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Finding Your Ecommerce Brand Niche

Finding Your Ecommerce Brand Niche

Let’s assume you’re an entrepreneur with a great idea. You decide to launch an ecommerce store to sell this idea because it’s the greatest idea ever and can’t possibly fail. You know this because you have a gut feeling about these things.

You may be right (in fact, we’re betting on it!) but your investors are probably going to need a little more information to go on. Part of the process is doing your homework and identifying your ecommerce niche. What is an ecommerce niche? That’s what you’re about to find out.

What is an Ecommerce Niche?

The word niche stems from the Latin word nīdus, for “nest.” Nicher, in French means “to make a nest.” In architecture, a niche is a small recession specially built for a statue or decorative object. So that’s why, in business terms, a niche is a specific place where your product or business belongs — it’s your nest, so to speak.

How do you find your niche? Start with your elevator pitch. If you have 10 seconds to tell someone about your business or product, what do you say? A niche might be product specific, like socks, where you’ll find brands like Smartwool and Bombas; or it might have a broader focus like brand-name cosmetics, where you’ll find ecommerce retailers (e-tailers) like Sephora and Dermstore. In the best-case scenario, your product is so unique that you have that niche all to yourself, but this is rare and usually doesn’t last long. In most cases there are several competitors within the niche, all connected by a common theme.

What is Not a Niche?

A niche is not a niche if there are thousands of other products, brands, or retailers in it with you. A product category like apparel, for example, has too many subcategories to be considered a niche. What kind of apparel? Jeans? Loungewear? Suits? Men’s or women’s? Even socks can be further subdivided into athletic socks, wool socks, dress socks, statement socks, etc. A niche has well-defined parameters and targets a distinct demographic. The more specific and targeted you can get, the better.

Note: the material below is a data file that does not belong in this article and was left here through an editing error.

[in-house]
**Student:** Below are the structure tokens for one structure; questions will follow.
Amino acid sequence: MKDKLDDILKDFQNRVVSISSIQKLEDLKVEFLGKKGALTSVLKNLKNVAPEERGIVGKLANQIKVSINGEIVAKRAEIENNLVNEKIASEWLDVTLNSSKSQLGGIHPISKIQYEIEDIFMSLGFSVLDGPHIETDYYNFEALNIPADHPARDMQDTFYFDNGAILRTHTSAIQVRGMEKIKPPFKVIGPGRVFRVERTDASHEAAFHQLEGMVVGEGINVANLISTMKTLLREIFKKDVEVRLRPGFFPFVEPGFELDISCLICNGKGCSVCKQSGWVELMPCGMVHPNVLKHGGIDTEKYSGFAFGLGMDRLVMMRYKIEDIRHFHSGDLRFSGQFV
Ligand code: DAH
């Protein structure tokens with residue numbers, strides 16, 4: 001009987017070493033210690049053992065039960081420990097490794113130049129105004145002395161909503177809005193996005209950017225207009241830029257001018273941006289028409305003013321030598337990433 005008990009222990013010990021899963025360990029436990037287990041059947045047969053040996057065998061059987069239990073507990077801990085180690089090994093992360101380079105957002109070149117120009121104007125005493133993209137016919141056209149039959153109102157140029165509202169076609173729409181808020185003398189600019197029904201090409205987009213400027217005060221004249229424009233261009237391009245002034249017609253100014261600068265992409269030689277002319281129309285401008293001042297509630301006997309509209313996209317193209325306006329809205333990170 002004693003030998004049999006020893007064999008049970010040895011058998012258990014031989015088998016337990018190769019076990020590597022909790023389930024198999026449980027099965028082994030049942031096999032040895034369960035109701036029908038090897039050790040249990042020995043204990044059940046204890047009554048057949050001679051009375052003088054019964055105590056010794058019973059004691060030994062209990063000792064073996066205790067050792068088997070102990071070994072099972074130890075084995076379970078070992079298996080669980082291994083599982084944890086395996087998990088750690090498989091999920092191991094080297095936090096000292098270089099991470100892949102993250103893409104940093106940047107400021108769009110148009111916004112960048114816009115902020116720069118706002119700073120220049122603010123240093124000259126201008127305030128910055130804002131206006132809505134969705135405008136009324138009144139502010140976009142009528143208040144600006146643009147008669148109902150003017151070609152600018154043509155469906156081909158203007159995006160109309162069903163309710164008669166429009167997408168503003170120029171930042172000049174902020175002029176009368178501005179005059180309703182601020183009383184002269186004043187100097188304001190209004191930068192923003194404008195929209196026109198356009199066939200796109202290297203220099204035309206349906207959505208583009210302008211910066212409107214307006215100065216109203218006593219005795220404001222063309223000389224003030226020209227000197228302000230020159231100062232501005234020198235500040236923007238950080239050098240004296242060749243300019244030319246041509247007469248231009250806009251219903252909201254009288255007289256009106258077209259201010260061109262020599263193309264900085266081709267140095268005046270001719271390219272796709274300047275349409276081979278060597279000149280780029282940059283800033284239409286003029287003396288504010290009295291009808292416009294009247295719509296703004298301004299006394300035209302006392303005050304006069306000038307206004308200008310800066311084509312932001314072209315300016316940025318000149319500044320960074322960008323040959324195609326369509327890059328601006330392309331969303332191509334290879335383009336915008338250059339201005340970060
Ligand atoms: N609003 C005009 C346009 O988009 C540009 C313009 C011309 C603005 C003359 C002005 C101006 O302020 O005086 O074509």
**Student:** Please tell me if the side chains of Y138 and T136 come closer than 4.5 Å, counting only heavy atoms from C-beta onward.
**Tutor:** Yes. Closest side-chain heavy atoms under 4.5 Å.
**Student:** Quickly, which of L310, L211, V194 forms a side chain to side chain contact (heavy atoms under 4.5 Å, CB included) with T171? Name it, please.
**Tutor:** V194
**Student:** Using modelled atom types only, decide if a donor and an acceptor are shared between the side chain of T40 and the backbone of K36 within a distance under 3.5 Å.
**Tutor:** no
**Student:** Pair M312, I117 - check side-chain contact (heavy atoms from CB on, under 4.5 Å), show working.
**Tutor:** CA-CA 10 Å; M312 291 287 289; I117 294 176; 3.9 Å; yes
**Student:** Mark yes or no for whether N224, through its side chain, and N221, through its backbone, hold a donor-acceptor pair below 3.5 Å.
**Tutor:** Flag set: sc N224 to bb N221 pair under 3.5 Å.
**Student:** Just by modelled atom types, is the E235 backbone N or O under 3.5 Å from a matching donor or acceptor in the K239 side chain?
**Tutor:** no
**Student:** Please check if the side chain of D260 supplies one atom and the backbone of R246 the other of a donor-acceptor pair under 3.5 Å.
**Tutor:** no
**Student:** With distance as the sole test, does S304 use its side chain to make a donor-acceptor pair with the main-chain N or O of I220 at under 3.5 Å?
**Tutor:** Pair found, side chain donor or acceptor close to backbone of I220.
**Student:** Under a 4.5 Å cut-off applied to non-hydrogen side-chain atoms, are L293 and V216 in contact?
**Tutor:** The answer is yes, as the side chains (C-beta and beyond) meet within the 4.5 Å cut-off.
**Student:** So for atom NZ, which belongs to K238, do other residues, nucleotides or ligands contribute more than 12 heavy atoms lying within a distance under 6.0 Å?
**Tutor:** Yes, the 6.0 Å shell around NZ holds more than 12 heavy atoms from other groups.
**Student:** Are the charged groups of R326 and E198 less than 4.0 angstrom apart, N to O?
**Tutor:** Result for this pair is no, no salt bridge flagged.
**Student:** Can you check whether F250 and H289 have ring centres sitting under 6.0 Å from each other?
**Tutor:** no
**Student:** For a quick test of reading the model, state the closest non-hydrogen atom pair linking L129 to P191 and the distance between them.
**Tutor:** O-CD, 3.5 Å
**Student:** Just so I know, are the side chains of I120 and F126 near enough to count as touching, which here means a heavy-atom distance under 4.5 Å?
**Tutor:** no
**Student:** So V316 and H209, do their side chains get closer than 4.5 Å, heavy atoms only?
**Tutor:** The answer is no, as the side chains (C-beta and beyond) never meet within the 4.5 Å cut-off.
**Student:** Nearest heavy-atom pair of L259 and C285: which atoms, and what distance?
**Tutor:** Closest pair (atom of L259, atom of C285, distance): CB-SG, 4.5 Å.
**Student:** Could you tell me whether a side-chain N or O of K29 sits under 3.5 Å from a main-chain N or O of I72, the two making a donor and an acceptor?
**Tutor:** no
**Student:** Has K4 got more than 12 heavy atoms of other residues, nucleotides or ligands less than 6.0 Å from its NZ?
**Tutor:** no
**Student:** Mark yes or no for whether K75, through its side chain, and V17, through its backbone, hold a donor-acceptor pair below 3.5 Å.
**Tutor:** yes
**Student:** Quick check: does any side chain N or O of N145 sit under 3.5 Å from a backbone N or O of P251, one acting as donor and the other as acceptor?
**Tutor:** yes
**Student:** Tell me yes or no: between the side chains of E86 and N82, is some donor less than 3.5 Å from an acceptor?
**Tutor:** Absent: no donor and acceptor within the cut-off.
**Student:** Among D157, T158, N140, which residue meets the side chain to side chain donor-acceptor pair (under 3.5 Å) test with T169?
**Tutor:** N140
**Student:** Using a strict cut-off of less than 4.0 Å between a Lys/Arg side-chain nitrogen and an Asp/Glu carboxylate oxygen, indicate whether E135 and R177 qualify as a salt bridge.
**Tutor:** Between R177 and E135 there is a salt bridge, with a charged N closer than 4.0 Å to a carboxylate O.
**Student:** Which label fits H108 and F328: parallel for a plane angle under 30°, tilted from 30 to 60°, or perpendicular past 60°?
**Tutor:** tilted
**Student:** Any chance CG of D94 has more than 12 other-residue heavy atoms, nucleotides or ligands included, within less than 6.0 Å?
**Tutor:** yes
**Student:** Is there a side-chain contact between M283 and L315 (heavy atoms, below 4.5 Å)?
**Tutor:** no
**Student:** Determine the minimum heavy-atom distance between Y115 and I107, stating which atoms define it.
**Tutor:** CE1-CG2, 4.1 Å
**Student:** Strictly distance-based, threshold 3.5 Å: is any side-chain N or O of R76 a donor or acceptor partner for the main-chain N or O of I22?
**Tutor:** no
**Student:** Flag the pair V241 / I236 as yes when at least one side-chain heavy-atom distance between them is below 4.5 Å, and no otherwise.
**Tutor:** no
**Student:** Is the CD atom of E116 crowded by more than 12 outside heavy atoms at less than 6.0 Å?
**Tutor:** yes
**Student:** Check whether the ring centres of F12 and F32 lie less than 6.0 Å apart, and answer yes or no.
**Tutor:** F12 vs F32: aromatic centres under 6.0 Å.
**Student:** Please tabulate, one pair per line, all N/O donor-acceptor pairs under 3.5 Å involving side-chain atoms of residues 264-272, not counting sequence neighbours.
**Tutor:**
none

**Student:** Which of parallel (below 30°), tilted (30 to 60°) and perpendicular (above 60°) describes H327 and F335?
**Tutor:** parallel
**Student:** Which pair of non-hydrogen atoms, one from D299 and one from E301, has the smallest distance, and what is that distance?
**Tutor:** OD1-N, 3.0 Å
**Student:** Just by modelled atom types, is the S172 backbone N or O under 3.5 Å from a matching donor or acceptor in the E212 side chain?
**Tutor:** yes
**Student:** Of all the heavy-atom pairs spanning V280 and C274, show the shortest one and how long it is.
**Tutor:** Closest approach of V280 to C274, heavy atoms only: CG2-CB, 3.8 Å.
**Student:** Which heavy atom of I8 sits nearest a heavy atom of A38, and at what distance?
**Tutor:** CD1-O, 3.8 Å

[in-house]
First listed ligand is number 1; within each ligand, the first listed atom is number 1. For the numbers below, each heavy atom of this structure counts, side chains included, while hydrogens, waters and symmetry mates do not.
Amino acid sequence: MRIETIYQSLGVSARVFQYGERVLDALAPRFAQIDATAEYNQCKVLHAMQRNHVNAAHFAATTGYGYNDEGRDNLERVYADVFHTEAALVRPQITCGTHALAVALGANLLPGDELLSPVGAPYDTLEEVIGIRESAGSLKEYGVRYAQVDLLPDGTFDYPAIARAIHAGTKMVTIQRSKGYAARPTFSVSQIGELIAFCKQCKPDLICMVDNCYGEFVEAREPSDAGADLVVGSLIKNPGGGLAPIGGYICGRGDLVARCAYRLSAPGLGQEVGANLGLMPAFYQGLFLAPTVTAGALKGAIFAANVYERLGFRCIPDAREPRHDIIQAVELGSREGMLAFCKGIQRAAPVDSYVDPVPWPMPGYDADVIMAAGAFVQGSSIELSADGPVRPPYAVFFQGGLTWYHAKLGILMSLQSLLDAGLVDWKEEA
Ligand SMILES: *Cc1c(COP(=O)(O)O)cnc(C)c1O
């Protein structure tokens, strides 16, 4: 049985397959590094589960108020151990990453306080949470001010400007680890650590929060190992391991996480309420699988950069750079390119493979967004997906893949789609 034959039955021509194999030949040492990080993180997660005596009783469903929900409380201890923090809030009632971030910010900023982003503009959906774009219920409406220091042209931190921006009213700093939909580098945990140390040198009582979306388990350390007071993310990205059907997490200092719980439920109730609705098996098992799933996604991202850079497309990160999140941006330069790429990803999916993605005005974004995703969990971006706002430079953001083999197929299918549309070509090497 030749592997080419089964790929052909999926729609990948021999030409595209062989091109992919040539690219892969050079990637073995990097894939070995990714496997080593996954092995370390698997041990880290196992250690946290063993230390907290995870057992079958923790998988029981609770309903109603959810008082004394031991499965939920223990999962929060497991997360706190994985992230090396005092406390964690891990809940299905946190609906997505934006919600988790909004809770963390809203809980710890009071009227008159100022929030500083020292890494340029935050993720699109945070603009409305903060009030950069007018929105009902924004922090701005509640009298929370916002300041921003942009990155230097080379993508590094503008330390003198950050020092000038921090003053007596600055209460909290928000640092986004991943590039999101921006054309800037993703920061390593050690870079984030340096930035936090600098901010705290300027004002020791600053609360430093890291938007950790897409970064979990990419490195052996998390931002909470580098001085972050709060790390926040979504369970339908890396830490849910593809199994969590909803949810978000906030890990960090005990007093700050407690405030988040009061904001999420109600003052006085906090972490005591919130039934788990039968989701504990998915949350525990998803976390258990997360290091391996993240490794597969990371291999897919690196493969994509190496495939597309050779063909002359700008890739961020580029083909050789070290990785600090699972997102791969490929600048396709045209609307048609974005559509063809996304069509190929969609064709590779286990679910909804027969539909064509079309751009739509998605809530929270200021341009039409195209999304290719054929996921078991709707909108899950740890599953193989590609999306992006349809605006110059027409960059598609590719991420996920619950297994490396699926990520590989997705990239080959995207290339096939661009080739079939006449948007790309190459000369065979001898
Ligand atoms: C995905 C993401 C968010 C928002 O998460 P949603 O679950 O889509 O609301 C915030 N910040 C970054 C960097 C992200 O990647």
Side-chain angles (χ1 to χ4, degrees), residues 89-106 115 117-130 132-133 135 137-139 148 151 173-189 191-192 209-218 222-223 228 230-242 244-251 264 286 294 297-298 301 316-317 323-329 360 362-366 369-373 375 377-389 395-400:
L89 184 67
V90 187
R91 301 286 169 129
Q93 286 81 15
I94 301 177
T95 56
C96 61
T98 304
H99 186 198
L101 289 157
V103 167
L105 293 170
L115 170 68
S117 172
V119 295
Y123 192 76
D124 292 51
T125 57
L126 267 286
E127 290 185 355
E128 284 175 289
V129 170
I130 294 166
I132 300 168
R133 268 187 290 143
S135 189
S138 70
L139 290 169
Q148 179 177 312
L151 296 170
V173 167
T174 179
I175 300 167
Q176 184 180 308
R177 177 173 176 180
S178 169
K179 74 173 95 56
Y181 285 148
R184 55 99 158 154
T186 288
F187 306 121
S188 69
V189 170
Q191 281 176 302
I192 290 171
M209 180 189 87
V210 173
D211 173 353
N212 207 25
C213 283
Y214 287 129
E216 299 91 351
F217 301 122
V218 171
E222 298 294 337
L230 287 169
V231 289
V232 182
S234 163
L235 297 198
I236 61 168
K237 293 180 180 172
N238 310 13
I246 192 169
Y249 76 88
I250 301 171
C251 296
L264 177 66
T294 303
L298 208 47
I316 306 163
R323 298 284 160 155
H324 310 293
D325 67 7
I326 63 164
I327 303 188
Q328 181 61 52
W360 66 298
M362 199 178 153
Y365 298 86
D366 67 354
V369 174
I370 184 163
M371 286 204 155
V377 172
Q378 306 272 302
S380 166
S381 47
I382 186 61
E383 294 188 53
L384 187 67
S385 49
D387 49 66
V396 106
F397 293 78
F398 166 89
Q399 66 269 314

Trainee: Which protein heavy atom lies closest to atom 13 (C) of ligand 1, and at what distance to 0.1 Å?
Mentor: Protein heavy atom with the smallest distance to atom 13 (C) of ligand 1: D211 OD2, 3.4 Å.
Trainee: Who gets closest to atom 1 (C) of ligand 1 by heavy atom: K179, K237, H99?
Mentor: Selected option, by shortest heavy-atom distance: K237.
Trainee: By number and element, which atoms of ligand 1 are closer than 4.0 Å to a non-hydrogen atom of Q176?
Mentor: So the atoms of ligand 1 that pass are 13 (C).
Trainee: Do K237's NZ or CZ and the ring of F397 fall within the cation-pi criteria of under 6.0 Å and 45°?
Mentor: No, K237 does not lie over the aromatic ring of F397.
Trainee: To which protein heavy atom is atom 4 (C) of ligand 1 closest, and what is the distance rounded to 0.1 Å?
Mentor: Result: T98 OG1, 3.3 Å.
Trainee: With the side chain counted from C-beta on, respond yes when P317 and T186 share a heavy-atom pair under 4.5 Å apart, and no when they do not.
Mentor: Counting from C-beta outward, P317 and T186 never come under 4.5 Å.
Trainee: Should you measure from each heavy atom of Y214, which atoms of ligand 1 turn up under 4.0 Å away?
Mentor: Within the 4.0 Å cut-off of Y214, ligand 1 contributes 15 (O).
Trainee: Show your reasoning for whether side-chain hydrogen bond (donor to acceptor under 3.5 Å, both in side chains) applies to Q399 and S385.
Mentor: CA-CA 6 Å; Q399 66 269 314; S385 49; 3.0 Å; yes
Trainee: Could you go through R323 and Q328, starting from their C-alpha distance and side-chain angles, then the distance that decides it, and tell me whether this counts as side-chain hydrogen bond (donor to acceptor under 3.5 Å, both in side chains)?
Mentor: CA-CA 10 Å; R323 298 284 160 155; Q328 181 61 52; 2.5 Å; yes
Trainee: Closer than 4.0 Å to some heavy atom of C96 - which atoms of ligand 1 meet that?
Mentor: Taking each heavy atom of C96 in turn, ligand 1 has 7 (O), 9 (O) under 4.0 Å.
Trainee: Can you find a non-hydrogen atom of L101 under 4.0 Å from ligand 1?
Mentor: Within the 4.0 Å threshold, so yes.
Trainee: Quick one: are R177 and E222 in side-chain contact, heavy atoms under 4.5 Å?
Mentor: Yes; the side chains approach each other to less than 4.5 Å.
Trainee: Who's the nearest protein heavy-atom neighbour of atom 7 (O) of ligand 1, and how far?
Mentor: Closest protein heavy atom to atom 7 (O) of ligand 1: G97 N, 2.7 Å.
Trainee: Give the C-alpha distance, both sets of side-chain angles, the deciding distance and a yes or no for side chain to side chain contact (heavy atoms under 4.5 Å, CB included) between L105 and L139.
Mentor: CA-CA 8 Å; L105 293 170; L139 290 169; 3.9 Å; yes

Why Your Brand Needs a Niche

There are over three million unique third-party sellers on Amazon in North America, and six million worldwide. How do you compete? Finding your niche is a good start. Whether you’re an e-tailer that sells a variety of brands, or a startup brand trying to make a name for itself, your niche will help you figure out how to present yourself to the world (and what parts of the world you can safely ignore).

If you’re a brand startup, what makes your product special? What type of person is going to love it? Finding your niche gives you a better idea of where to spend your marketing dollars, and the messaging, look, and tone that your advertising and brand identity should convey. Getting it right may take a little trial and error, but when you put the right product in front of the right consumer at the right time, you’ll increase the likelihood of a sale. If you don’t have anything unique to talk about, then perhaps you should reconsider your product strategy.

If you’re an e-tailer, ask yourself what is so different about your selection that a consumer will want to buy their favorite brands from you? Department stores survived for a long time by being one-stop-shops, but now we have marketplaces like Amazon, Ebay, and Etsy. If you try to sell everything to everybody, you’ll be competing with Amazon. You’re much better off focusing on one type of product or one type of customer, and concentrating all your marketing efforts in that niche. 

Selling on Amazon may or may not be part of that strategy, but be sure you understand the differences between Fulfillment by Amazon (FBA), Fulfilled by Merchant (FBM), and Seller Fulfilled Prime (SFP) before committing to any of them.

How to Find Your Ecommerce Brand Niche